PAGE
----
New Zealand is full of beautiful sites and interesting people. Just recently I met Shaun Jefferson, a photographer, and today I’m sharing some thoughts by Sarah Bennett. She is not only a traveler and adventurer but also runs a publishing house and collaborates with Lonely Planet. She is an expert in New Zealand best trails, bike routes and camping sites. Exclusively for you she shared some of her best kept secrets on how to become a good travel writer.
Ladies and gentlemen: meet Sarah Bennett!
1. What do you find the most important characteristics of a good travel writer?
I think to become a good travel writer you must first be a good traveller –curious about the world, always seeking out new places and discovering their stories, and connecting with people along the way. In fact, one of the skills I use most in my work as a travel writer is the ability to talk with strangers – both the locals and fellow travellers. That’s where you get the good oil.
2. What is your idea for collecting fascinating stories and telling them in attractive way?
As a general rule, I write the stories I want to read. This means they usually focus on outdoor adventures, which have proven a rich vein for action, fun, and the occasional mishap for colour and interest. In terms of style, I like to keep things informal and humorous, within the bounds of proper grammar and other editorial principles of course!
3. How do you plan work on a guidebook or article?
Guidebook writing and feature writing are very distinct genres requiring very different approaches. Guidebook writing requires an enormous amount of pre-research and on-the-road legwork, so I’ve honed sharp organisational skills that keep me on track. It’s very intense. Feature writing, on the other hand, is more organic. I generally start with an adventure, which invariably morphs into a yarn as it unfolds. There’s always a story somewhere – sometimes it lands in your lap; at other times you need to tease it out.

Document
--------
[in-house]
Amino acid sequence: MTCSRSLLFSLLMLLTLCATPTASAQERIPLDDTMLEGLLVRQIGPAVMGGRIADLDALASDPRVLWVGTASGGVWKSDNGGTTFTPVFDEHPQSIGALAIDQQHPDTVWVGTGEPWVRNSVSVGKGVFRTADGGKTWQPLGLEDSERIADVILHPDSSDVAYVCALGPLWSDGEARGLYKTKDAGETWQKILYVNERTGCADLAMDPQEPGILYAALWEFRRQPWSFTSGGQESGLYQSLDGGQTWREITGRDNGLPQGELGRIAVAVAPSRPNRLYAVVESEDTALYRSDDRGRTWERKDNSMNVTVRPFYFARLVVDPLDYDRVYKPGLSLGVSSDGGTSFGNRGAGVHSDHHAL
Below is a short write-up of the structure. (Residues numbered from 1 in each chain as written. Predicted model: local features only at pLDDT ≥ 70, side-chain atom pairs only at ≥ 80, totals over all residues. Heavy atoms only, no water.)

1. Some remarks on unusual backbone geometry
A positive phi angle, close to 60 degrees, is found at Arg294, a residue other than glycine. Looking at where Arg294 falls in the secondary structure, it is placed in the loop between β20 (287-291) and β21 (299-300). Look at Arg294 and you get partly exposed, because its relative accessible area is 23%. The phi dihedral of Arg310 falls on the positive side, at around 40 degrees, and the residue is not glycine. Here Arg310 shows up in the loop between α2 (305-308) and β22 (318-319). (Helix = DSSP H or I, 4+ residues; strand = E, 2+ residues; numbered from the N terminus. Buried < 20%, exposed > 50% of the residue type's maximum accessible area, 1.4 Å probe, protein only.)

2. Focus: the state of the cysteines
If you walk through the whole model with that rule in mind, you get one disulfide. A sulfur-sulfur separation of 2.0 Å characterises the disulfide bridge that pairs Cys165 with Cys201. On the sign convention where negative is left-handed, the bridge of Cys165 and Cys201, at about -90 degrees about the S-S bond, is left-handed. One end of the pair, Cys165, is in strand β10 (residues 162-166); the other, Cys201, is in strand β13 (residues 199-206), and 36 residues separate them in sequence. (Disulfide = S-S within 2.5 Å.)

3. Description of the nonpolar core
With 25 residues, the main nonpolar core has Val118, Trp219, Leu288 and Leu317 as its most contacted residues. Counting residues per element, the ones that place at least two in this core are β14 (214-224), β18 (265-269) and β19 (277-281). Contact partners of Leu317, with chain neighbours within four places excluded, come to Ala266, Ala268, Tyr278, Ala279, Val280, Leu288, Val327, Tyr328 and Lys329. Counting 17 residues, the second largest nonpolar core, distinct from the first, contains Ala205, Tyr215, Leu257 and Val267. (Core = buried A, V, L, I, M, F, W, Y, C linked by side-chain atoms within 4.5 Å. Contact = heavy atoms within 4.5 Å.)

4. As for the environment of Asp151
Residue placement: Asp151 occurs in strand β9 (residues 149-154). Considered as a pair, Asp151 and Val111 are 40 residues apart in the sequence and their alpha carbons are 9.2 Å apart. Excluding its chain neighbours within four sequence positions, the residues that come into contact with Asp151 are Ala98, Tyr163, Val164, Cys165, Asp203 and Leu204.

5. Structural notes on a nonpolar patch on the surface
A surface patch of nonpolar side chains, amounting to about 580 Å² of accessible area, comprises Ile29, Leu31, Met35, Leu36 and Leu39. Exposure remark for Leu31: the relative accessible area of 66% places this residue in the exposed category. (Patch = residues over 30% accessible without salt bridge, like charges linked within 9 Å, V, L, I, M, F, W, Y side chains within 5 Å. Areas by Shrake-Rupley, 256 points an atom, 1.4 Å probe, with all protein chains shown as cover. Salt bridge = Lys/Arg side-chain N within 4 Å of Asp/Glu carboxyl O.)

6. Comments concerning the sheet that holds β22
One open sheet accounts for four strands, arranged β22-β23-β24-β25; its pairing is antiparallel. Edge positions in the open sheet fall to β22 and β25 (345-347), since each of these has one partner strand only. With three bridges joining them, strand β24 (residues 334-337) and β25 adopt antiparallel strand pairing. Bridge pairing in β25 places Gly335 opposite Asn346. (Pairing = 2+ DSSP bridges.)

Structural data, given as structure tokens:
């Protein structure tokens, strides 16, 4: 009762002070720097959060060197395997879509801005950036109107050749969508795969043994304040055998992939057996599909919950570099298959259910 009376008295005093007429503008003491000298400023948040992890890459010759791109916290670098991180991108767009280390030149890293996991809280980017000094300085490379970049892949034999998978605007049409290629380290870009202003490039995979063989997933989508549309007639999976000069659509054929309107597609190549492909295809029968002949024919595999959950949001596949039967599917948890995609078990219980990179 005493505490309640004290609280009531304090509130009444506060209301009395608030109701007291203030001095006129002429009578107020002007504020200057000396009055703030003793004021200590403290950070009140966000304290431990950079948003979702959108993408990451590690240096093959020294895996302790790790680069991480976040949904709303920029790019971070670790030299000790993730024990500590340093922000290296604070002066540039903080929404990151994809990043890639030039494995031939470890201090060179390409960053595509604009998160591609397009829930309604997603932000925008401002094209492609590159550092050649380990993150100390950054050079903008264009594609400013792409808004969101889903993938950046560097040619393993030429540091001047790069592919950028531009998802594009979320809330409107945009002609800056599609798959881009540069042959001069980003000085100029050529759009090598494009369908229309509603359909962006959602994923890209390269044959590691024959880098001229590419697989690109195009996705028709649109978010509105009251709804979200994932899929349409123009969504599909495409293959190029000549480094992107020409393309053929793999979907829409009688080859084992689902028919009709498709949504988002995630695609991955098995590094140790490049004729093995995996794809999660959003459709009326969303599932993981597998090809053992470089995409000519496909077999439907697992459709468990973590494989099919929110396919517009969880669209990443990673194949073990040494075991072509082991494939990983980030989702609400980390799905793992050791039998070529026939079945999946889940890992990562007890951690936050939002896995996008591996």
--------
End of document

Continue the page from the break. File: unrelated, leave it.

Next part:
4. How long did you work on your writing skills and on the general workshop? What was most helpful in mastering them?
My skills have evolved slowly and organically over 20 years or so. I believe the key to becoming a better writer is to read more and write more. The trick is squeezing that in between living, the doing, the being. I treasure my career, but it’s only part of my life’s work.
5. Year after year New Zealand in general and Auckland in particular are among top 10 best places to live. Would you agree with it? And if so, what is so special about it?
I’m never surprised to see New Zealand feature on a list of top places – to live, work, or travel. New Zealand’s isolation, short human history, fascinating geology and unique plant and animal life make truly unique, and it’s so easy to get out and appreciate it. And I think in this crazy era we live in, the natural world is a powerful force in refocusing our sights on what really matters. So that’s it, in a nutshell – it’s New Zealand’s natural world. It’s special. It’s magic.
6. What is the best and the worst about Kiwis? Is it the way they drive?
The best thing about New Zealanders is their kindness and consideration for others. When it comes to the matter of driving, we do face some challenges. Our roads are often narrow, winding, and lack significant hard shoulder. They’re a trap for both local and visitor alike, and sadly, the faster they go, the bigger the mess.
7. How do you travel around New Zealand?
Lee and I travel in a home-converted Hiace campervan, with our bicycles on the back. We’re also regular travellers on Air New Zealand – which is pretty fab for a national airline – and the interisland ferry, my favourite journey of all.
8. Describe your perfect weekend in New Zealand.
My perfect weekend in New Zealand would see Lee and me parked up in our little campervan in a holiday park or conservation campground. We would bike one day and hike the next, in between enjoying local food and drink – preferably fresh fish and chips washed down with craft beer. The days would be warm, and the skies clear at night for stargazing. There would definitely be swimming, in a pristine lake or limpid river pool, if not at the beach.
Sarah Bennett is a travel writer, editor and publisher. Together with Lee Slater they run a publishing house. They are based in Wellington, New Zealand. There is no better place to discover more about New Zealand than through eyes of the locals. Visit their website and see how many useful books are there! Click www.bennettandslater.co.nz